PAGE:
My Son Is an Addict. And He Has Sickle Cell Disease.
As I think back, I remember as a teenage girl asking God for a child who would love me unconditionally, because I wanted someone to love and someone to love me back.
I married at the age of 20 and a year later had a baby boy on September 4, 1980. He weighed eight pounds and four ounces; a big, beautiful and strong child ... I get to be this child's mom ... I was granted my wish, my own child to love and take care of. Delivery went well, but on the second day during recovery, our pediatrician told us that our son has a condition called infant jaundice, which was a yellow discoloration in my son's skin and eyes. Infant jaundice occurs because the baby's blood contains an excess of bilirubin, a yellow-colored pigment of red blood cells.
Credit Image: Chris Yarzab on Flickr
My son was placed under a fluorescent light in a warm enclosed bed to maintain constant temperature, which helps break down the bilirubin in the skin, for the remaining time he was in the hospital ... our pediatrician encouraged us not to worry, this will cure his jaundice and no other problems are present. That was my first real feeling of FEAR as a mother.
The first couple of years were simply lovely adjusting to motherhood; my son was a quiet child and appeared happy. Around the age of three years old, he cried more than normal, ran high fevers, and his arms and legs would swell up at random times ... what's wrong with my child? I felt terrified and anxiety builds and stays for years ... so I took him to Children's Mercy Hospital; full blood work is drawn, which led to a diagnosis of sickle cell disease. Sickle cell disease is an inherited disease that causes abnormal red blood cells, which causes sickle cell pain crises and other serious symptoms that often require hospitalization.
Our lives have changed ... How do I raise a child with a chronic illness to trust life, himself and his body? Who will help us? Will we live in poverty? How long will my son live?
We are given instructions on how to manage pain crises at home with prescribed pain medications, and we're given stats on life expectancy—death around early twenties ... Why me? Why us? I have to fight this illness and teach my son not to give UP! (This process teaches me faith.)
But some days I want to run and hide!
I remember my cousin dying at age 17 from complications of sickle cell disease ... I'm realizing that I'll witness my child suffer with chronic pain and other complications for the rest of his life ... I feel betrayed, disappointed and angry ... I don't want to be a mother now!
A licensed physician gives my three-year-old son his first morphine dose during an ER visit, and I, his mother, stood by, consenting and observing. I wasn't conscious that modern medicine was only treating the symptoms.
- From ages three to 17—My son has been hospitalized three to four times a year and prescribed a stream of opiate pain meds through IV and by mouth ... I'm numb, exhausted, scared, and just coping. (Sometimes while driving to the ER, I think of crashing the car and killing us both.)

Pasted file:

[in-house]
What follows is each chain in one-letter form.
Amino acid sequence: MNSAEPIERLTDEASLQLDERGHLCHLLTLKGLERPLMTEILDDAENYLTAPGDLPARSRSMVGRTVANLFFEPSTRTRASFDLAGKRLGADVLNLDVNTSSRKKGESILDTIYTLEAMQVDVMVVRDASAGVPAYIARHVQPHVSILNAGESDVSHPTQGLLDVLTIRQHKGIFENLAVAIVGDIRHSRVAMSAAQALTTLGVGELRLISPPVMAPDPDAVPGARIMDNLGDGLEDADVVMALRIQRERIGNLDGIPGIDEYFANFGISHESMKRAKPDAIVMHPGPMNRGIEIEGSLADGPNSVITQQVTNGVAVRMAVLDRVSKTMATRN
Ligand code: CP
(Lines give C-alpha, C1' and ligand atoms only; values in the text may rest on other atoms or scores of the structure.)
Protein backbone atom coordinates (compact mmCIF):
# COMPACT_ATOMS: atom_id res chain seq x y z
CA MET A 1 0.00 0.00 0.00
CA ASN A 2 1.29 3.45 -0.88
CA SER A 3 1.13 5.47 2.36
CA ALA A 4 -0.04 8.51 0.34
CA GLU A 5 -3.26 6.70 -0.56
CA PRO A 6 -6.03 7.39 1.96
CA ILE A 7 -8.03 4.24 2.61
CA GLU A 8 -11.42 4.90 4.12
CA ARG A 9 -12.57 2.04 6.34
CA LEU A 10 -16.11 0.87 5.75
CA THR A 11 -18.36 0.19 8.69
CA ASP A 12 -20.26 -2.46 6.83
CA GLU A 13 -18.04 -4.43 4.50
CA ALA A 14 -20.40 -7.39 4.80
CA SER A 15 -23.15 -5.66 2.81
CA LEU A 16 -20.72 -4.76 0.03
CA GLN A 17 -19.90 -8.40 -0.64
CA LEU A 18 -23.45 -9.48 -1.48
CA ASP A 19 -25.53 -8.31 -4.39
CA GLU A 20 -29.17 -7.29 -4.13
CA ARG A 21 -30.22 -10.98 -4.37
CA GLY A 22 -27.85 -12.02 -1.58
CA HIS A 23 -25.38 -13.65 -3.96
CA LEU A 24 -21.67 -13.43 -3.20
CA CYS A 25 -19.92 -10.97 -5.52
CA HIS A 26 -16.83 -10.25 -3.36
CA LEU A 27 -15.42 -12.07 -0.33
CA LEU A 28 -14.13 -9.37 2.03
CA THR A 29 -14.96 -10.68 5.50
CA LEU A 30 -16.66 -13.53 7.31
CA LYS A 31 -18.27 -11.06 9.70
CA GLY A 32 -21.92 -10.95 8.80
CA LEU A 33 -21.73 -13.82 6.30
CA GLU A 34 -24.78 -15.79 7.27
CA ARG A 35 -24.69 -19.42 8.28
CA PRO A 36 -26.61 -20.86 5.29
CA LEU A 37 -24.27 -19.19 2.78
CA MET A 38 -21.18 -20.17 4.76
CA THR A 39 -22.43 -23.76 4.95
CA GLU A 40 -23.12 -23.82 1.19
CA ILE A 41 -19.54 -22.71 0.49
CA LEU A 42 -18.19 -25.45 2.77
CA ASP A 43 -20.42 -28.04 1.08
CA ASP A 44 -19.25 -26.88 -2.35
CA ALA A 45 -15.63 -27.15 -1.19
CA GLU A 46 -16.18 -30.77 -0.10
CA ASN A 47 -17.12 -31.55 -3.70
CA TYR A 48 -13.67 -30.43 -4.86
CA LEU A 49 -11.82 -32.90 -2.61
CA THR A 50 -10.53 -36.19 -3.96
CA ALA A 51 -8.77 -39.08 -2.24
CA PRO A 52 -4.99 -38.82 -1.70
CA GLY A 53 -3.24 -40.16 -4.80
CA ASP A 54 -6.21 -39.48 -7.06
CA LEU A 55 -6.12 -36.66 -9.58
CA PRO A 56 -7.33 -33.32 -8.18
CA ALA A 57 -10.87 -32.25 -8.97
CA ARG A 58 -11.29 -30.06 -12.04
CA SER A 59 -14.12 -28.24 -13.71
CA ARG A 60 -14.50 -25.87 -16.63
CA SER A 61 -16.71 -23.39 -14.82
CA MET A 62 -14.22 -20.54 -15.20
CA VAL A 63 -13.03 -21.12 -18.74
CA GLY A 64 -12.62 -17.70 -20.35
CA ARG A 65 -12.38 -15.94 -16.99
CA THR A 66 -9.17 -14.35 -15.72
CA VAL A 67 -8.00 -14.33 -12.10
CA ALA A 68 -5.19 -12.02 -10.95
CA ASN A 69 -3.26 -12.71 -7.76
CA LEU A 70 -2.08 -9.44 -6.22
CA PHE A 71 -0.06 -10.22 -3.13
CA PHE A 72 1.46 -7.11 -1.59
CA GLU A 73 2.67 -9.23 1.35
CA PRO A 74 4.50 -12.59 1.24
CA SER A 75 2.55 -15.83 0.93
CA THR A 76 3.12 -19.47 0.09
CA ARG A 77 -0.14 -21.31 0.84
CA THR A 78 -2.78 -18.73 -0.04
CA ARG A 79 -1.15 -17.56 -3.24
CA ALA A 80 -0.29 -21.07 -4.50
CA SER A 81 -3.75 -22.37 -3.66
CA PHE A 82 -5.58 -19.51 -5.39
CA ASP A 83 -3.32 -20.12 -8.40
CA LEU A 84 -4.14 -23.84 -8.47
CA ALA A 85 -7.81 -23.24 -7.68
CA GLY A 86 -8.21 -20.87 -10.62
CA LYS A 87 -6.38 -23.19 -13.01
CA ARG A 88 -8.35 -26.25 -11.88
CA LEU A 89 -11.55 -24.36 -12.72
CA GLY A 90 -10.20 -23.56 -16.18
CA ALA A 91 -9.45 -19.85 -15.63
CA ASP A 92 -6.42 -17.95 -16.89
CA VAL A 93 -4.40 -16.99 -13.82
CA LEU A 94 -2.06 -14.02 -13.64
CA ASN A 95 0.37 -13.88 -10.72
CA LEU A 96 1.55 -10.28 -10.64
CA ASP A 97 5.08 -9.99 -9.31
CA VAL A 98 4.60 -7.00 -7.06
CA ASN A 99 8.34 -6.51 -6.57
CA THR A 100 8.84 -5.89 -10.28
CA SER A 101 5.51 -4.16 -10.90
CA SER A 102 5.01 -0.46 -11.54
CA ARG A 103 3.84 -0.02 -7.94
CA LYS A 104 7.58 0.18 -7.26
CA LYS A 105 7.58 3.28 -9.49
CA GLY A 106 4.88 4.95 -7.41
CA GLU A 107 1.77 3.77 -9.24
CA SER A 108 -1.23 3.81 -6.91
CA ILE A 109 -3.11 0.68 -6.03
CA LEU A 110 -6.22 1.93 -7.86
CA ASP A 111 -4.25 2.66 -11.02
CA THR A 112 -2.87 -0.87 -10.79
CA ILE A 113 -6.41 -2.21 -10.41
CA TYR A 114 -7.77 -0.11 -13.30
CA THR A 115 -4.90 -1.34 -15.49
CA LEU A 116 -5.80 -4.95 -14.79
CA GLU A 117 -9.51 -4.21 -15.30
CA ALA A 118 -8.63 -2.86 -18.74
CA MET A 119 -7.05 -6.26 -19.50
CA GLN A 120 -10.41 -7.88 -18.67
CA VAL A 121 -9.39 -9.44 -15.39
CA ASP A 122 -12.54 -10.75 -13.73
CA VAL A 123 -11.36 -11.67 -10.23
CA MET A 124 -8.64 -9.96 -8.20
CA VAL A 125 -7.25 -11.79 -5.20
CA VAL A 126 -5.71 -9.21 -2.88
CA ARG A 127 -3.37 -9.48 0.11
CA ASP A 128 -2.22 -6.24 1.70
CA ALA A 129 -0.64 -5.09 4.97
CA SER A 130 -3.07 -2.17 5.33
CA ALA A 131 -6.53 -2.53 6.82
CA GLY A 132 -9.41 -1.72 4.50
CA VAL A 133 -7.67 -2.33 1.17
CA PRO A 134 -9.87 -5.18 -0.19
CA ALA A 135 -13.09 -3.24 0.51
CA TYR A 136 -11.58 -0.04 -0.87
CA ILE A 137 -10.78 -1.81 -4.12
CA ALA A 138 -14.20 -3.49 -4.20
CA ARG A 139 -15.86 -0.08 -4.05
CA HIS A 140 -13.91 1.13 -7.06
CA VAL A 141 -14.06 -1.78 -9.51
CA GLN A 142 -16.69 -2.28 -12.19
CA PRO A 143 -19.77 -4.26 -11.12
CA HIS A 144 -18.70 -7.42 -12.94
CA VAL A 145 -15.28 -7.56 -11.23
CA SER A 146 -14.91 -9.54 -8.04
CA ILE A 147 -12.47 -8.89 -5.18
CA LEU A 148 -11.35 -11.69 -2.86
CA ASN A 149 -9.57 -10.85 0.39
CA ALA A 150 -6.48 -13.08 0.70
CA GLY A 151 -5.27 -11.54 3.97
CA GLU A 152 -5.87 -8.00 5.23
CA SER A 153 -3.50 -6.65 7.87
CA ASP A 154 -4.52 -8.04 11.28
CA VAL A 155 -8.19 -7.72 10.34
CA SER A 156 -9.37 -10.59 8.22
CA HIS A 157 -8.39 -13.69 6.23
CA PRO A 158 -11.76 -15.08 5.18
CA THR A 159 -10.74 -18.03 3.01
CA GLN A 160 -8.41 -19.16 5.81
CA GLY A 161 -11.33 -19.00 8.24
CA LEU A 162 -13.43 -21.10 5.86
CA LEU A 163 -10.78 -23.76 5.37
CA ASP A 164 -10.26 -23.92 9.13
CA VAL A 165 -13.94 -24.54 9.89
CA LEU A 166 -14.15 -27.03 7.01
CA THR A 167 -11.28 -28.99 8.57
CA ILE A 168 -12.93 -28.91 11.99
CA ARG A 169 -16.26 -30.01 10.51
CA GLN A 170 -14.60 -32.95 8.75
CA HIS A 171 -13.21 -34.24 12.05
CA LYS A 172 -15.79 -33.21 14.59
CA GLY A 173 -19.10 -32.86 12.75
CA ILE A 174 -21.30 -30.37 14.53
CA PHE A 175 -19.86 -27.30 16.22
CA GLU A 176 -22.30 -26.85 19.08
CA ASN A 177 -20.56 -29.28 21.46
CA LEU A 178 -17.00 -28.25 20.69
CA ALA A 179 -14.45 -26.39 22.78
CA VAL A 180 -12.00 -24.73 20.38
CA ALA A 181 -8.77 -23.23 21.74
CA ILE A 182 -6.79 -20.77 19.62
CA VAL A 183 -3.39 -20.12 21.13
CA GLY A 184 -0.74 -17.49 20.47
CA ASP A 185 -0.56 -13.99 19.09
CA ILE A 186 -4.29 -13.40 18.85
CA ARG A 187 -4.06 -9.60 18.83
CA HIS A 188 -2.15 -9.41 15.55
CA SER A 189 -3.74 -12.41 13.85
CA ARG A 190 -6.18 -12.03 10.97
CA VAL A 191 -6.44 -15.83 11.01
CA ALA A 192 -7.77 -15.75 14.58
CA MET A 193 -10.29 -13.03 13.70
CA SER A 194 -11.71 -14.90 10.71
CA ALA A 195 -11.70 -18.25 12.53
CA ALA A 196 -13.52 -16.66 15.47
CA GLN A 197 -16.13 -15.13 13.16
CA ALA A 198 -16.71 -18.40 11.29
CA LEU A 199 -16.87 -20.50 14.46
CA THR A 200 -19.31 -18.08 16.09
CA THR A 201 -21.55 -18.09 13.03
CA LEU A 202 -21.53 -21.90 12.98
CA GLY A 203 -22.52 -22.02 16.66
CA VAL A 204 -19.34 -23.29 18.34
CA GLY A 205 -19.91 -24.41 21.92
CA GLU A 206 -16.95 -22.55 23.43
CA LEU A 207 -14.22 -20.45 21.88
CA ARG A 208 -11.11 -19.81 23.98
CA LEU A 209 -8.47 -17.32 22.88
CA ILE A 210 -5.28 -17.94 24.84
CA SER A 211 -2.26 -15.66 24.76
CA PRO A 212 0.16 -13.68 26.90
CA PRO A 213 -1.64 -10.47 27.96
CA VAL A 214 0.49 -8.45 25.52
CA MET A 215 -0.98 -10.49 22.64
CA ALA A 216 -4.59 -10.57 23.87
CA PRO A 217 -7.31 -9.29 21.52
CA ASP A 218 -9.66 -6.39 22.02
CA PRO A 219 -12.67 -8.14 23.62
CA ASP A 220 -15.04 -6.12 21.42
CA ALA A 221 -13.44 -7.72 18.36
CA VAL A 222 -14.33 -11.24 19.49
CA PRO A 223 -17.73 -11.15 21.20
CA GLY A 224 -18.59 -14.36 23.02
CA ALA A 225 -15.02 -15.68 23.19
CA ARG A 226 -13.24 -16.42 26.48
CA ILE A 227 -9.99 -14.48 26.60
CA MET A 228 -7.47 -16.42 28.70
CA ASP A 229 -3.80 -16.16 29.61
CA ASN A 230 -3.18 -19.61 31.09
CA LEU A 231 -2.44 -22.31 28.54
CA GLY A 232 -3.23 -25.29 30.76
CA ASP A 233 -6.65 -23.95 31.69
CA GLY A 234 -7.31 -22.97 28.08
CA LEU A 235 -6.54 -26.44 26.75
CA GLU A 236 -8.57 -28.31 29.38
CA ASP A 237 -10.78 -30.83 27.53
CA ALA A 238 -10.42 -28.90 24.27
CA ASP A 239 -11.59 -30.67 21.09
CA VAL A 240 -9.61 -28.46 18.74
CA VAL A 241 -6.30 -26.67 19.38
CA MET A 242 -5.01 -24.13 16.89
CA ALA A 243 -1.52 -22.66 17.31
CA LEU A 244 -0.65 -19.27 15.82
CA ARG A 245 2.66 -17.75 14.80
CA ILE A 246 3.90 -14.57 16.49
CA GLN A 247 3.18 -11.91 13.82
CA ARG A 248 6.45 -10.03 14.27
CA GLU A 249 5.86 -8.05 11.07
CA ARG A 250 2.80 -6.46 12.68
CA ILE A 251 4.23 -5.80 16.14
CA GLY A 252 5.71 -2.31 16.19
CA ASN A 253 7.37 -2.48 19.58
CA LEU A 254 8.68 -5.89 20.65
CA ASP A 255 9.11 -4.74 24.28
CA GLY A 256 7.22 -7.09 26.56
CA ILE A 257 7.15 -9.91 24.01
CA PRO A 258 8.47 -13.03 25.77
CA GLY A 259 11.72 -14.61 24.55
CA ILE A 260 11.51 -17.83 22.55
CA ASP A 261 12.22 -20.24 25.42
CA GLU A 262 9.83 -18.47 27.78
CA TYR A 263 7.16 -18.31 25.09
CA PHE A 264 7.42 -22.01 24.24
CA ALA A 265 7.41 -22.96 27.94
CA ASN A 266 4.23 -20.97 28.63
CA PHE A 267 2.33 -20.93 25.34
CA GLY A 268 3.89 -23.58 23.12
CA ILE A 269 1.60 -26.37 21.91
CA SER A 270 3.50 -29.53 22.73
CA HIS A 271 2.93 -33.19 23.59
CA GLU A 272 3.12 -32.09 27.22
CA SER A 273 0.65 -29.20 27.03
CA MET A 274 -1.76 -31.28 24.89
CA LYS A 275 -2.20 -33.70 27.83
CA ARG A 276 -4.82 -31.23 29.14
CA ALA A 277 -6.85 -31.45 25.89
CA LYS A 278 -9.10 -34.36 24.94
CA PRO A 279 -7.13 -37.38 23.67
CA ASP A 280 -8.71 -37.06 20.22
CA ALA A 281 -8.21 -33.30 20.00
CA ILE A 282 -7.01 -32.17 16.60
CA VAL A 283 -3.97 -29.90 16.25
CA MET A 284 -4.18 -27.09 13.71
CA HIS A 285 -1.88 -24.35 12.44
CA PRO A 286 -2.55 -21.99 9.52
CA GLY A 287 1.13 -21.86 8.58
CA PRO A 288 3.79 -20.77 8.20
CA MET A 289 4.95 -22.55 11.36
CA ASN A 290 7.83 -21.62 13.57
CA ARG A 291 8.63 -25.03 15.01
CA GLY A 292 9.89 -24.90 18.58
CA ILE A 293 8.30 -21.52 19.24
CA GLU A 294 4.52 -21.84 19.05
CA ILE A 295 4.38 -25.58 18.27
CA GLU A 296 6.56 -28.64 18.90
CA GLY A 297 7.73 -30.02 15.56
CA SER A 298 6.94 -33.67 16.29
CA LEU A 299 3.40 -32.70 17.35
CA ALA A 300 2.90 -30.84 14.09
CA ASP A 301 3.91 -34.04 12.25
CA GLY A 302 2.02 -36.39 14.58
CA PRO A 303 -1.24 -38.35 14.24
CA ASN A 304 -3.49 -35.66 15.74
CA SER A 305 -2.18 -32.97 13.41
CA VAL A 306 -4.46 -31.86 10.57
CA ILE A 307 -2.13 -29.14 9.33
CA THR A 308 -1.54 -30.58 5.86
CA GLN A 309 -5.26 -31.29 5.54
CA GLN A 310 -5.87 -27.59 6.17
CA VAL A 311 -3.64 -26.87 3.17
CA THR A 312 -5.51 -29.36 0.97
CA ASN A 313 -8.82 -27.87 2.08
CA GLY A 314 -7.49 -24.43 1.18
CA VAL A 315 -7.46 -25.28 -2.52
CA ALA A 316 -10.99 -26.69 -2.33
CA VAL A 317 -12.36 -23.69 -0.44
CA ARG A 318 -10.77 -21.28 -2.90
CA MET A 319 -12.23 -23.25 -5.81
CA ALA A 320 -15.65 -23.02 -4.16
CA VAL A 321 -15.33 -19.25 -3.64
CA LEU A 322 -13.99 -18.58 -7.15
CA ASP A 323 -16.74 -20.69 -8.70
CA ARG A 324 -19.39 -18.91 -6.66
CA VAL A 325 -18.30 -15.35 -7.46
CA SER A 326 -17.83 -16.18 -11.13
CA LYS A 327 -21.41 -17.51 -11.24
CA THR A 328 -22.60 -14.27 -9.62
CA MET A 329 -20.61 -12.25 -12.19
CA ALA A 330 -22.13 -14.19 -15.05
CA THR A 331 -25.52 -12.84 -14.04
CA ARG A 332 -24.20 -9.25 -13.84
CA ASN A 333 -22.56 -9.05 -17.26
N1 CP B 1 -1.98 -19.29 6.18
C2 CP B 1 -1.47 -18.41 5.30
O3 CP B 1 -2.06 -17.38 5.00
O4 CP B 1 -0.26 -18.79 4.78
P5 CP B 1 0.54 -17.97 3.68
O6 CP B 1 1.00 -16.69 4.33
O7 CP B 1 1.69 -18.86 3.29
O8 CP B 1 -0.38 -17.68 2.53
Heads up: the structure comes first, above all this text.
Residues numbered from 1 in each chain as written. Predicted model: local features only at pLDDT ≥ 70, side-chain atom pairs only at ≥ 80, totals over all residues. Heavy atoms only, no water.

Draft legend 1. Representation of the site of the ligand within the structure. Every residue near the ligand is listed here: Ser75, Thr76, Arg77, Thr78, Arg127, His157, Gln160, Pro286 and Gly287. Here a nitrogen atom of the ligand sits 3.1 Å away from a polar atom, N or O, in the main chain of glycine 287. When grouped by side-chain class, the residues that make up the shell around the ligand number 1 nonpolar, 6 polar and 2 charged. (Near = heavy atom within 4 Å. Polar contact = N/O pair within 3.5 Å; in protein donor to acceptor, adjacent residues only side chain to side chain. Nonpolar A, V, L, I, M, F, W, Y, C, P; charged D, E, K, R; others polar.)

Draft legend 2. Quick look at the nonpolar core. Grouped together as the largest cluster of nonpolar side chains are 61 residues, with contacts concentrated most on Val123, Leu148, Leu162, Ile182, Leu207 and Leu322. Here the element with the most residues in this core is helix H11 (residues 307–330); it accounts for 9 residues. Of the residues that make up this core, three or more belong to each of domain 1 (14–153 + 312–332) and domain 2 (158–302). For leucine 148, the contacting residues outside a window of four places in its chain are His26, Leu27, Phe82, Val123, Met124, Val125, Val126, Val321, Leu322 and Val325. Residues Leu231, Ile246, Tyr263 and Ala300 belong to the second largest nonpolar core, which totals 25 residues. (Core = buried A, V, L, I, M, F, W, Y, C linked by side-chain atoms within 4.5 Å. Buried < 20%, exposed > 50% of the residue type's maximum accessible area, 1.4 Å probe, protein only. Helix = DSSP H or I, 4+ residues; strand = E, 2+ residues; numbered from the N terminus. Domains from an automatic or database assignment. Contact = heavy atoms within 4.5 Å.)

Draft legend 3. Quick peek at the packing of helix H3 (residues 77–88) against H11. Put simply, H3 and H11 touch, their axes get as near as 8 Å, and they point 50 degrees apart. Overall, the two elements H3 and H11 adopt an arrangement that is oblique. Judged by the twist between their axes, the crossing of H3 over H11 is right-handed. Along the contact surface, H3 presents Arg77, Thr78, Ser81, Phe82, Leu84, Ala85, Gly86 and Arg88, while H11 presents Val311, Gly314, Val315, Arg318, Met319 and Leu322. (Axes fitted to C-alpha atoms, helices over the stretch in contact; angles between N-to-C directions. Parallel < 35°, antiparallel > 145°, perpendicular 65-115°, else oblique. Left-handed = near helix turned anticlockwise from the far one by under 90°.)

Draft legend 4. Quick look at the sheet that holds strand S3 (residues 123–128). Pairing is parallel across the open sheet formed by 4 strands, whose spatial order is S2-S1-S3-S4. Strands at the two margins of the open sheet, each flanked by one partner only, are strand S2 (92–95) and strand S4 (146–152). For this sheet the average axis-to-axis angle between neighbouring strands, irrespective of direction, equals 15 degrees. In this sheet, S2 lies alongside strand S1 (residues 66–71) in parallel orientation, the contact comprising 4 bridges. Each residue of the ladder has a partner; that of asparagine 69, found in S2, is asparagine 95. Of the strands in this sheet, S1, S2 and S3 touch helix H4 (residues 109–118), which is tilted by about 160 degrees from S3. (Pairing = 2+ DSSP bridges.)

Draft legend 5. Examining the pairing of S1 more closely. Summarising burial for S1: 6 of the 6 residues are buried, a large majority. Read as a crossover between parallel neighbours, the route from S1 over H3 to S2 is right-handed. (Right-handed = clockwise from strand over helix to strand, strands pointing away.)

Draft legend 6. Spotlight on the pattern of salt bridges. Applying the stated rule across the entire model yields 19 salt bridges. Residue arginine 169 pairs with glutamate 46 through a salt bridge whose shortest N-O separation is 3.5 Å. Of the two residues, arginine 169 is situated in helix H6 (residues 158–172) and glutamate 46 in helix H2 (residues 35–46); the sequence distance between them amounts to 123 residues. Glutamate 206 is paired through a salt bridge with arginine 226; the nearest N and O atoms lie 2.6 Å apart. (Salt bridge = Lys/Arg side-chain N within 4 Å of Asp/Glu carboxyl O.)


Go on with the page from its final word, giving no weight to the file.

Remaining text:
- Age 17 to young adult—After years of taking the same narcotic pain meds, my son's body has built a tolerance—he's prescribed a stronger new opiate narcotic, "Oxycontin." This drug creates a dependence that is physically and psychologically very similar to heroin. I question now; is he in sickle cell pain crisis or just drug-seeking? (It's BOTH; he struggles with two diseases; addiction and sickle cell.)
I often think: Does the institution of medicine hold any responsibility?
My son obsessively hops around to hospitals looking for opiate medications to relieve his cravings and pain—he's over-medicating and starts purchasing his narcotics on the street.
... I want out of this nightmare! ... And, now I start practicing "tough love."
As a mom, I hoped to see my son play sports without getting sick, graduate from high school, maybe go to the prom ... NOT live most of his life in a hospital room pumped with narcotic drugs for dependence. I know how it feels to be in constant fear and worry, especially when the phone rings and I hear on the other end ..."This is Doctor (x) from hospital (y) and I'm calling about your son."
My son has overdosed on street heroin and methadone, putting him in the intensive care unit, he's mutilated his body, has been put on several suicide watches, has had multiple surgeries, has been hospitalized for acute pneumonia and sickle cell pain crises too many times to count over the years ....
But, he's still alive at the age of thirty-two.
Wow! How do I begin to acknowledge the divine plan for my life, witnessing my son suffer and love me ... My journey has been divinely guided; complete with heartache, tears, prayer and constant blessings from friends, family and my caring sister Carolyn ... I'm spiritually built for battle; because of my son's will and strength, and my courage "not to run"... I've learned to cherish each moment that I "get to" have with my son ...
God answered my request and gave me exactly what I asked for: a child to take care of who would love me unconditionally. I'm humbly grateful.
Debra Lynn Carter
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